British Prime Minister Theresa May said Sunday she will talk about trade and security when she meets with President Donald Trump this week, but won't be afraid to challenge him on issues she finds unacceptable.
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Mr. Trump will host the British leader at the White House on Friday, his first meeting with a foreign leader since taking office. The U.K. and U.S. traditionally have a so-called "special relationship," with close ties and strong collaboration.
Mrs. May, who is leading her country out of the European Union, is seeking to strike new trade deals around the world and sees the relationship with the U.S. as crucial. The American leader says he is ready to offer a quick agreement, though he has taken a more hostile view toward multistate deals and argued in favor of protectionism--describing an "America first" stance in his inauguration speech.
"We'll have an opportunity to talk about our possible future trading relationship but also some of the world challenges that we all face," Mrs. May told the British Broadcasting Corp., citing terrorism, the Syrian conflict and the importance of the North Atlantic Treaty Organization--which Mr. Trump has called obsolete--as key examples.
In a Thursday speech to the World Economic Forum in Davos, Switzerland, Mrs. May implicitly criticized the U.S. leader's approach to trade, presenting a strong defense of free trade and globalization.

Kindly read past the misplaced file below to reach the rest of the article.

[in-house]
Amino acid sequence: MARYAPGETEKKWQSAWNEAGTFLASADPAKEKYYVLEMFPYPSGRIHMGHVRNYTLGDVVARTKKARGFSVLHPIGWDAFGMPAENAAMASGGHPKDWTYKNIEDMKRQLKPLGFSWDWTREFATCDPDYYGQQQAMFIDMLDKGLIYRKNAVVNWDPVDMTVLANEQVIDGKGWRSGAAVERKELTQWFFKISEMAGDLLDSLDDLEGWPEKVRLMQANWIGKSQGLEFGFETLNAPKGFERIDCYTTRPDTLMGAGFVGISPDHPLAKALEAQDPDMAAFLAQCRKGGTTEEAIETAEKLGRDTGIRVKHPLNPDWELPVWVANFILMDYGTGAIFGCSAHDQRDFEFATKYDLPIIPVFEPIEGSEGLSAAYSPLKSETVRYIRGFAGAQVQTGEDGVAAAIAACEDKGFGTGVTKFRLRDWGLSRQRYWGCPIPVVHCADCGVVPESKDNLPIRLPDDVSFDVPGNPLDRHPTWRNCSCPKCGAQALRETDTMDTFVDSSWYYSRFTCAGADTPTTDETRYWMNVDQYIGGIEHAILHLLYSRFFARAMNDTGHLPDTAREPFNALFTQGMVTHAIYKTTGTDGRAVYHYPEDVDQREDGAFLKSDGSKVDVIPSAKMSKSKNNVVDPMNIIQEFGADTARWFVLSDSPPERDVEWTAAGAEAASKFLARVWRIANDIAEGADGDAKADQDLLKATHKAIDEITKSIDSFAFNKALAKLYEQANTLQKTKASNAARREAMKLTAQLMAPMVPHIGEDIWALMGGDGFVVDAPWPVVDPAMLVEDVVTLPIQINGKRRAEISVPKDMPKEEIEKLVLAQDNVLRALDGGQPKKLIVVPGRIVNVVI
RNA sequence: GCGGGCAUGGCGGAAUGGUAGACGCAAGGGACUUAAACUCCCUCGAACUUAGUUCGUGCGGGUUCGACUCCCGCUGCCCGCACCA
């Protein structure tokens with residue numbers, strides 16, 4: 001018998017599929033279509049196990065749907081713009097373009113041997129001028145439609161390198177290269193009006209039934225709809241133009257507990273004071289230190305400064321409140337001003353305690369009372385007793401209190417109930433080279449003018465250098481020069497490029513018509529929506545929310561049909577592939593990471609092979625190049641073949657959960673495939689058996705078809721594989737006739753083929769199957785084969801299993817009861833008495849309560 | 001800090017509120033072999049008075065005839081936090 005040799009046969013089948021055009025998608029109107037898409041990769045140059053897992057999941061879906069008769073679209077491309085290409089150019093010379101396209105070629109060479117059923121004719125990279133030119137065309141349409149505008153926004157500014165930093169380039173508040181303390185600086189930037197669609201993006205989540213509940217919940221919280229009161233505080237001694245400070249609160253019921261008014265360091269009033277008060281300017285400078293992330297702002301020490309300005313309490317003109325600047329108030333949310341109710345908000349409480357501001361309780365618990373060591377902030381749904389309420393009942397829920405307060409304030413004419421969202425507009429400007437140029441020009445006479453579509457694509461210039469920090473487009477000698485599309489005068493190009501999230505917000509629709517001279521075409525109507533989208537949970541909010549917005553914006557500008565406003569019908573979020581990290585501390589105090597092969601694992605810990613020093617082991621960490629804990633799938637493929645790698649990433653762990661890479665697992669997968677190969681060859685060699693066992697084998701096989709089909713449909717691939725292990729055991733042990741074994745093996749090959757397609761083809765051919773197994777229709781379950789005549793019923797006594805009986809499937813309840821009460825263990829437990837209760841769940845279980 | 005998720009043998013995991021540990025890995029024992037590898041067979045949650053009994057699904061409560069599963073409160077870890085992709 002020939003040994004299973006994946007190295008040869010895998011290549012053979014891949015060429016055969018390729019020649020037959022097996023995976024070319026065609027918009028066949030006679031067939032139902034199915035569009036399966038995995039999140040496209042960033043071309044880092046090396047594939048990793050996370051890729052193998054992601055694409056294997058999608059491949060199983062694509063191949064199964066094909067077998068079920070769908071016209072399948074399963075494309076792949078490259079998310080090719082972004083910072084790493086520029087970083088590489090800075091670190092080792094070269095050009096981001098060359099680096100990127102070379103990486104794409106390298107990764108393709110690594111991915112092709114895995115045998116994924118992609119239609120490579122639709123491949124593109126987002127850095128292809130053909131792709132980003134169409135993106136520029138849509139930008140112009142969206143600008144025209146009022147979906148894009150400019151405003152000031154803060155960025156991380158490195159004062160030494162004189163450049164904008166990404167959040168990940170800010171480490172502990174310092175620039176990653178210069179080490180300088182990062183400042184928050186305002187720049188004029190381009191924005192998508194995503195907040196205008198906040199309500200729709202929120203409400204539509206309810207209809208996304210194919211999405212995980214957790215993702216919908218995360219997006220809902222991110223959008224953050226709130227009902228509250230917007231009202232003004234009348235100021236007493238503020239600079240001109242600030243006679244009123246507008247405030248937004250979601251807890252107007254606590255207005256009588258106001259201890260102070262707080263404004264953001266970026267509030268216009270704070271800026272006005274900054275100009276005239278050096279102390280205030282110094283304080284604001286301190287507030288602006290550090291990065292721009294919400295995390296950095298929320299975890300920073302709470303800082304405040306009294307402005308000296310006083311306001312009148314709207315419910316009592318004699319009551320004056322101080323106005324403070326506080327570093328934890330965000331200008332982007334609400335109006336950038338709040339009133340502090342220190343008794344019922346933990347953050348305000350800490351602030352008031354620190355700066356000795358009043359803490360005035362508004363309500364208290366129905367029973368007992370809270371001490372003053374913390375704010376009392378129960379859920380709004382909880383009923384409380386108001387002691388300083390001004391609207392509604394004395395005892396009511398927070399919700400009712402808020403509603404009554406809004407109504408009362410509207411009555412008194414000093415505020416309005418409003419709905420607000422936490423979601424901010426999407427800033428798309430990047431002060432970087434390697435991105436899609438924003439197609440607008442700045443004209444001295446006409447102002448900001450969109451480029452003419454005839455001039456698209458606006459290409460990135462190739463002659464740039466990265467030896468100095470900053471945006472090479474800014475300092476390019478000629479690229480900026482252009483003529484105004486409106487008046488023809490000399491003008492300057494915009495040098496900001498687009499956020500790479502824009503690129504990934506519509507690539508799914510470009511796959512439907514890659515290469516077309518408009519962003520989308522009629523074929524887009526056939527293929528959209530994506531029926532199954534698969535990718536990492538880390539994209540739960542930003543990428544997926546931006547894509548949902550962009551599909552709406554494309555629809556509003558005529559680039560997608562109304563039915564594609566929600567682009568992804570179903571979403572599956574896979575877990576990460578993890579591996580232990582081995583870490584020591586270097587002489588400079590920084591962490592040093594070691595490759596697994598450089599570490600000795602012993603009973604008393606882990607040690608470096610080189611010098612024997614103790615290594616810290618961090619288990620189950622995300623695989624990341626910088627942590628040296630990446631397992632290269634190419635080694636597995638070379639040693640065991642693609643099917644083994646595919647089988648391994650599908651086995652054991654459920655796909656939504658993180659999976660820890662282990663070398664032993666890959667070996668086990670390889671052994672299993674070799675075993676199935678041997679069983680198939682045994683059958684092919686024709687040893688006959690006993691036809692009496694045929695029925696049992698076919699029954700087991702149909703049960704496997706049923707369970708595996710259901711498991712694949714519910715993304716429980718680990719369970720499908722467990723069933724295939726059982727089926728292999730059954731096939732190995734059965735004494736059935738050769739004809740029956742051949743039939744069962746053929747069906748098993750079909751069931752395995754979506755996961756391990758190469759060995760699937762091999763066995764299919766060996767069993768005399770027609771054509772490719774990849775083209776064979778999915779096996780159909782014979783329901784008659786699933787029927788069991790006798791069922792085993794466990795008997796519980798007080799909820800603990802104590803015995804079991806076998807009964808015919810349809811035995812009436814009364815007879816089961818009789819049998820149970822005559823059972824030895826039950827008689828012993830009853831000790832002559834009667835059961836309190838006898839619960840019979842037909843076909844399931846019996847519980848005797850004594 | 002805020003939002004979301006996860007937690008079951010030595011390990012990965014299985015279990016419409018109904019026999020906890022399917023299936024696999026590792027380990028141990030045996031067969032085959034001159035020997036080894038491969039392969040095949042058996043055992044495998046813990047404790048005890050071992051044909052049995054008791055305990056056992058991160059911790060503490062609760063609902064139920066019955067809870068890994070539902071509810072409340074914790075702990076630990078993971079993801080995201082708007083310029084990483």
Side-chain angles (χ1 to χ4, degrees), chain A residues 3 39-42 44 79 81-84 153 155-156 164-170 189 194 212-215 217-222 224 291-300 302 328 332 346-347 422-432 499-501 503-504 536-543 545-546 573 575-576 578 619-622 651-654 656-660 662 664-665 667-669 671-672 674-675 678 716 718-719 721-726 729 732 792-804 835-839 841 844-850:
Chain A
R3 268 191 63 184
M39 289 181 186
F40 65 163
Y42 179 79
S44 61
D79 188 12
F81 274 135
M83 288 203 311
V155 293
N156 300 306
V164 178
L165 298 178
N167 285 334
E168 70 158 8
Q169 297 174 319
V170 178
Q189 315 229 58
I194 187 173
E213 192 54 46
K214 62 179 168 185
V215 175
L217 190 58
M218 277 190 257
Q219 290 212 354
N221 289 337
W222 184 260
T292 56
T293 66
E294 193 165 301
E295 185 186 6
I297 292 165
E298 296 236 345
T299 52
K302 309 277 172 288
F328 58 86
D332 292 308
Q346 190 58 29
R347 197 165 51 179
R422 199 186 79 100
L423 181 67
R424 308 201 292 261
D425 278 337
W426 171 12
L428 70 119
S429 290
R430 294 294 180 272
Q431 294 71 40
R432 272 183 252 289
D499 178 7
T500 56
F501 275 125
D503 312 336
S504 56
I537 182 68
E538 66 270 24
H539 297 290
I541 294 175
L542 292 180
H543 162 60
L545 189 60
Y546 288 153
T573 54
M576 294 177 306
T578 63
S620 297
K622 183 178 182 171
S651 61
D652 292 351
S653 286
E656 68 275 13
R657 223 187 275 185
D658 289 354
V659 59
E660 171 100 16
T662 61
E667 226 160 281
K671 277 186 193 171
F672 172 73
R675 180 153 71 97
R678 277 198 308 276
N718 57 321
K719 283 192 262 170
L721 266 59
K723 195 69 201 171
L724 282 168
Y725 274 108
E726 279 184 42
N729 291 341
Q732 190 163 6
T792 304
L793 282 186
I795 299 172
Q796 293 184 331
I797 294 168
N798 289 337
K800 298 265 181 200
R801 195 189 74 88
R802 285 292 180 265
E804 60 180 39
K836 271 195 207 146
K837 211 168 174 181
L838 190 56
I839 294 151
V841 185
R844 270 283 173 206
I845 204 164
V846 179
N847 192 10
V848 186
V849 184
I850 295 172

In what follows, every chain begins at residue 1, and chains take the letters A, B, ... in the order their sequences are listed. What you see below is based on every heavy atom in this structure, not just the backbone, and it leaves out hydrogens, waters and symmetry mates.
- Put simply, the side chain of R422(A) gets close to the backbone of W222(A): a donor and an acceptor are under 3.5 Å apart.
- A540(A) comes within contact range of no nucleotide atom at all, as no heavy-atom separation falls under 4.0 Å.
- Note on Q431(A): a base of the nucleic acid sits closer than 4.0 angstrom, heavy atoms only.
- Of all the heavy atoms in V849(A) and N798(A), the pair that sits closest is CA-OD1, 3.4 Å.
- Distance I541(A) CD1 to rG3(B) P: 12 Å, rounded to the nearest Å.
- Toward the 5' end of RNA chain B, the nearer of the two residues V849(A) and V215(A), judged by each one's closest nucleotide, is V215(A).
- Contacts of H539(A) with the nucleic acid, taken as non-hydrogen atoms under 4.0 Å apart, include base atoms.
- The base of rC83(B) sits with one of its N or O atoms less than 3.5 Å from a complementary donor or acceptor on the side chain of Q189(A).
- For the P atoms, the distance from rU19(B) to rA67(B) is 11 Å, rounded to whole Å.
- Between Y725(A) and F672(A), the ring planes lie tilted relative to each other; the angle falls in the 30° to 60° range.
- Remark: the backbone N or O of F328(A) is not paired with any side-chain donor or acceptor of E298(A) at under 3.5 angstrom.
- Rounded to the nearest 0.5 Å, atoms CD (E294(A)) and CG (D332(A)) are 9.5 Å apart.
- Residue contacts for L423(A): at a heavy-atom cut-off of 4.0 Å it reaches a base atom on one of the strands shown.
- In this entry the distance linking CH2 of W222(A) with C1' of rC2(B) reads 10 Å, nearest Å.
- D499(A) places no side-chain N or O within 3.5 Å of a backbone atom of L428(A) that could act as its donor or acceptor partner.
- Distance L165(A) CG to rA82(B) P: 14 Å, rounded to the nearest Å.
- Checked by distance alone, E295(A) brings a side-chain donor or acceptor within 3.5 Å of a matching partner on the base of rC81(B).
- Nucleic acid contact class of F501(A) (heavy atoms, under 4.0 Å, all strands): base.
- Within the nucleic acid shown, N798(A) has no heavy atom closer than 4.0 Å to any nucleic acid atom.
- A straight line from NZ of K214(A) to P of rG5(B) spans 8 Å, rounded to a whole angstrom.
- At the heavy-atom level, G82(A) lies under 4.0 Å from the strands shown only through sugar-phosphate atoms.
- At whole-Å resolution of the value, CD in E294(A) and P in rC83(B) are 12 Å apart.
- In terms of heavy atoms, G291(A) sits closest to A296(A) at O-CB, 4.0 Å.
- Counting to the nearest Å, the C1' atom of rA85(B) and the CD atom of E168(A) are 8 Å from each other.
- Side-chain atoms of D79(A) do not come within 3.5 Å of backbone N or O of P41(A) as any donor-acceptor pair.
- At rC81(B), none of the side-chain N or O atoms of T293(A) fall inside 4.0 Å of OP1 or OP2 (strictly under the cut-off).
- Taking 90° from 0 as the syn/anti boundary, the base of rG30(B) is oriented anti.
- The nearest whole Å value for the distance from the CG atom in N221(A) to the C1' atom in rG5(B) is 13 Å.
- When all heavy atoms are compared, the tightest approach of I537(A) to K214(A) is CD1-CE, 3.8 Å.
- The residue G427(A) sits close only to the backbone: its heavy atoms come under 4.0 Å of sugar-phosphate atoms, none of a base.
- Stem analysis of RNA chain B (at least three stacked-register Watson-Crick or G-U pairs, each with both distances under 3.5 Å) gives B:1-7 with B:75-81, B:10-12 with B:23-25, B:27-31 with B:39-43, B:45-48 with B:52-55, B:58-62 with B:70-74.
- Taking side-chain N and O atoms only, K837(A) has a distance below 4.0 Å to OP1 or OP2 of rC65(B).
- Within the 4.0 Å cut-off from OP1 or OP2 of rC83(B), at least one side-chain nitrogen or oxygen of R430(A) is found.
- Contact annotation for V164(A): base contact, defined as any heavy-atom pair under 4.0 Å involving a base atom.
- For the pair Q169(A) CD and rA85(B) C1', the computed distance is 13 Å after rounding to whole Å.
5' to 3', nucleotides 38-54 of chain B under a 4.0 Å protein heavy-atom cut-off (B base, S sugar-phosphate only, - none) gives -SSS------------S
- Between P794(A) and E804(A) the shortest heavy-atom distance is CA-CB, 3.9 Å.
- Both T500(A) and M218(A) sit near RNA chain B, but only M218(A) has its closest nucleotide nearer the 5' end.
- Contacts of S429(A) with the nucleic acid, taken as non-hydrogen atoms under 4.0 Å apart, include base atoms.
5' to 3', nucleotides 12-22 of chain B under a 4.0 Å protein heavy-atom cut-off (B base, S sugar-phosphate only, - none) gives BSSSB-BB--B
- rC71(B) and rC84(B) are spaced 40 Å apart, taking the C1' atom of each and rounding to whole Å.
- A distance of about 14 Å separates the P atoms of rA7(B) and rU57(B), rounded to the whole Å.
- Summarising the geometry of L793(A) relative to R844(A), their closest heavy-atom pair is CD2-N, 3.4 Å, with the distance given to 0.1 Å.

Mrs. May was also questioned Sunday about remarks Mr. Trump has made about women that have drawn criticism. When asked if she would raise the issue with the president, Mrs. May didn't respond directly. "First of all, I've already said that some of the comments that Donald Trump has made in relation to women are unacceptable, some of those he himself has apologized for," she said.
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"When I sit down, I think the biggest statement that will be made about the role of women is the fact that I will be there as a female prime minister of the United Kingdom, talking to him, directly talking to him about the interests that we share."
Pressed on the point, Mrs. May said: "Whenever there is something that I find unacceptable, I won't be afraid to say that to Donald Trump."
The prime minister repeatedly refused to say whether she had known about the reported malfunction of a British unarmed nuclear test missile off the coast of Florida last year, which came weeks before lawmakers voted to renew the system. The Sunday Times reported the missile may have veered off course after being launched in June from a British submarine.
Mrs. May said she had "absolute faith" in the missiles, adding they are tested regularly. The Defense Ministry said in a statement that the effectiveness of the U.K.'s Trident nuclear system was unquestionable.
Opposition Labour Party leader Jeremy Corbyn said the issue called for a serious discussion. He also said Mrs. May should remain careful in any trade negotiations with Mr. Trump.
"There were no signs of any special relationship in Donald Trump's inauguration speech. Quite the opposite, it was 'America first, America only,'" he said, adding he hoped that the prime minister would call out the U.S. president on what he described as "misogyny."
Carol E. Lee in Washington contributed to this article.
By Wiktor Szary